Blood sampling was performed at the time of diagnosis in the NAION group. Venous blood samples were collected after a fasting period of 12 hours from all participants for the evaluation of hematological parameters and assessed using an automated hematology analyzer (XN-3000; Sysmex America, Mundelein, IL, USA). Levels of neutrophils, lymphocytes, monocytes, platelets, red blood cells, and white blood cells were measured as part of the automated complete blood count. The NLR, PLR, and MLR were calculated as the ratio of neutrophils to lymphocytes, platelets to lymphocytes, and monocytes to lymphocytes, respectively. The SII was calculated from peripheral blood platelets, neutrophils, and lymphocytes per liter according to the equation: SII = platelet × neutrophil / lymphocyte.
All quantitative measurements were expressed as the mean ± standard deviation. IBM SPSS Statistics ver. 21.0 (IBM Corp., Armonk, NY, USA) was used for all statistical analyses. Student’s t-test was used to compare qualitative data with normal distribution, and the Mann-Whitney U-test was used to compare parameters without normal distribution. Univariate logistic regression analysis was used to evaluate the associations between hematological parameters and NAION. A receiver operating characteristic curve (ROC) analysis was performed to determine the cutoff threshold and to quantify the accuracy of the parameters. The predictive validities were quantified as areas under the curve. A p-value of <0.05 was considered statistically significant.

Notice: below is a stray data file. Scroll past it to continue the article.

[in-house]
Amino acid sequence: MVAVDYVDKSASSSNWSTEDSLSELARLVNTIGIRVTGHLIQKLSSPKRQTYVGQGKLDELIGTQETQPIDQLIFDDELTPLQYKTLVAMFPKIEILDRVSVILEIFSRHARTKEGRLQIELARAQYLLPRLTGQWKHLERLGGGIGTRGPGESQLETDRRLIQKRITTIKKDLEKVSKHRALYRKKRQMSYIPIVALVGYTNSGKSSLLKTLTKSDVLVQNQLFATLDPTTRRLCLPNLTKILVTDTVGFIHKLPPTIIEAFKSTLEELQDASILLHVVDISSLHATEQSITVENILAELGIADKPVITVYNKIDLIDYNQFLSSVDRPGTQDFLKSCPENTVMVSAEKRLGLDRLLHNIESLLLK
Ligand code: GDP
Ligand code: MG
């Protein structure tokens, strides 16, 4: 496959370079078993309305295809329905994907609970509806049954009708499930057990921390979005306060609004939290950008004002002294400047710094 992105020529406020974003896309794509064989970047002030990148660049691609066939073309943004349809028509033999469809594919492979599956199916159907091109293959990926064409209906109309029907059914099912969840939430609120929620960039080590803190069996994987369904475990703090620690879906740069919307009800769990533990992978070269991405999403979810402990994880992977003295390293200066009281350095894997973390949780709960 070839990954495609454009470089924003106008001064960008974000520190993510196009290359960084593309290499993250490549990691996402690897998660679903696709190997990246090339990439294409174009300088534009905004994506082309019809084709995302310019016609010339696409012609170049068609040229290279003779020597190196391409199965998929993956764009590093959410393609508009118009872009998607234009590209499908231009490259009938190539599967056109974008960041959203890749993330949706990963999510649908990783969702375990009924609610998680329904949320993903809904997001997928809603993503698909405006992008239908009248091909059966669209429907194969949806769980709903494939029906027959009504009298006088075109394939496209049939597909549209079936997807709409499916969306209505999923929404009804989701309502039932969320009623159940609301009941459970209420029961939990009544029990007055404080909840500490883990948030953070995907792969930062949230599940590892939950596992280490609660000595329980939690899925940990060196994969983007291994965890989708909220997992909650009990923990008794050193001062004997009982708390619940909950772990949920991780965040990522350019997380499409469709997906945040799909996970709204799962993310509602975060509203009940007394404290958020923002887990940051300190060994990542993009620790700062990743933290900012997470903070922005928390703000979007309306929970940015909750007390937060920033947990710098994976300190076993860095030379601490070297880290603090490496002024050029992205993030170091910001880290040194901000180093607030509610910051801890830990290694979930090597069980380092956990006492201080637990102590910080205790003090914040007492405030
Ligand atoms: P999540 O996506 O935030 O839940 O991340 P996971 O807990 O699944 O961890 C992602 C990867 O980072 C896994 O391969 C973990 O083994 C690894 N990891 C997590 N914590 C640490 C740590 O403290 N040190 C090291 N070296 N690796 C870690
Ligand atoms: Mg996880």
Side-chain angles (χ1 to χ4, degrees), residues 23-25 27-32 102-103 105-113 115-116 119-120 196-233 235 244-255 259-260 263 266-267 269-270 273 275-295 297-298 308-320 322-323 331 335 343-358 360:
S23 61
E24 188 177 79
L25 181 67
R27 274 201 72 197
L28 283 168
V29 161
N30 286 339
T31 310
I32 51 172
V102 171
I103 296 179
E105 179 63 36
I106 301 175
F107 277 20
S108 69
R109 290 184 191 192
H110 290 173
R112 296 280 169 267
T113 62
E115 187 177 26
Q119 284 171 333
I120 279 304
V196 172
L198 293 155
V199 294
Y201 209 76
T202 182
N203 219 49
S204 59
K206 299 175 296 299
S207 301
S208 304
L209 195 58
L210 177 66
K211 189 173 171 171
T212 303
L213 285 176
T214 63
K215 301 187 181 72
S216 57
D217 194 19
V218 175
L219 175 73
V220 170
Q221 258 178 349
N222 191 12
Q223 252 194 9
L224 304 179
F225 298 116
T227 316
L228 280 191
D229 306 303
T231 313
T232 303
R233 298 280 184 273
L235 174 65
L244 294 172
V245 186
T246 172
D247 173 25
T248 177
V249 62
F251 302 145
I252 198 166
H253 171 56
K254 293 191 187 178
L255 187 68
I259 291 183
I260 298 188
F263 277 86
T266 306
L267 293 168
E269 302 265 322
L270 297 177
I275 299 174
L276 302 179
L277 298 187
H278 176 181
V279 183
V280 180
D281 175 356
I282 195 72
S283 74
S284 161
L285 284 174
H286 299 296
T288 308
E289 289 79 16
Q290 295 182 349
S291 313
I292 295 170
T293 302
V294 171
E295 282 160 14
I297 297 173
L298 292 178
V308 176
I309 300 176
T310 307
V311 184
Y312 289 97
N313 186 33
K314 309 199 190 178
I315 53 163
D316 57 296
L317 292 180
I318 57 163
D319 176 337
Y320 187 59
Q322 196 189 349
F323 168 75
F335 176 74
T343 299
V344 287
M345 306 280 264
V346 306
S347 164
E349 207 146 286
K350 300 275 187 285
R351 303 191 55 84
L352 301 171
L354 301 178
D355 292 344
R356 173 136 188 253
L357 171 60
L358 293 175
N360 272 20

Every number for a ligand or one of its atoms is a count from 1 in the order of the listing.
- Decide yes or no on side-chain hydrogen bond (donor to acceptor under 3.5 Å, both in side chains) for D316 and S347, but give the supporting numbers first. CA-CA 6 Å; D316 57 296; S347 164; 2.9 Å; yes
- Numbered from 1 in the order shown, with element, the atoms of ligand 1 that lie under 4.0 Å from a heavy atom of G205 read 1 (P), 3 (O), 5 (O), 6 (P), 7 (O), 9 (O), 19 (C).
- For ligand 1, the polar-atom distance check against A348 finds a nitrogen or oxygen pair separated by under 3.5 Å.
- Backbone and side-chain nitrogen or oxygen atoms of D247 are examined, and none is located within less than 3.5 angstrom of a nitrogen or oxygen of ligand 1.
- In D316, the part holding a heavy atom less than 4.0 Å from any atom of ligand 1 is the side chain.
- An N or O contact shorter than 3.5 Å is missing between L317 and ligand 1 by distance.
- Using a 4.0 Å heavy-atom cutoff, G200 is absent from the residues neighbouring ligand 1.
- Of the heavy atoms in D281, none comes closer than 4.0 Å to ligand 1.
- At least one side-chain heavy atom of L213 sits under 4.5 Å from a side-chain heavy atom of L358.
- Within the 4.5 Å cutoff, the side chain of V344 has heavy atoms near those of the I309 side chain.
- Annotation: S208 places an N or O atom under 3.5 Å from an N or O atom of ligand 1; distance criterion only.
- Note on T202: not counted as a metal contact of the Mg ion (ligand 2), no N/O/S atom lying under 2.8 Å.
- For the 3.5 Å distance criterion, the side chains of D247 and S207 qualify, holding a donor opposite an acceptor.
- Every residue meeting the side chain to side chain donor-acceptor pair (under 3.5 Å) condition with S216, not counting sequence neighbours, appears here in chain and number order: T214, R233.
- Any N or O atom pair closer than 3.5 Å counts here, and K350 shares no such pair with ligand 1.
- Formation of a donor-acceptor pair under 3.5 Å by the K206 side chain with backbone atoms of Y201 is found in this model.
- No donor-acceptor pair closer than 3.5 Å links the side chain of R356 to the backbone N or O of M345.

Results

Seventy subjects (60.3%) were female, and 46 participants (39.7%) were male. The mean age of the NAION and control groups was 64.7 ± 10.1 (range, 40 to 83) years and 63.7 ± 12.2 (range, 45 to 90) years, respectively. There were no statistical differences between the groups in terms of age, gender, and systemic disorders (p > 0.05). The characteristics of the participants are shown in Table 1.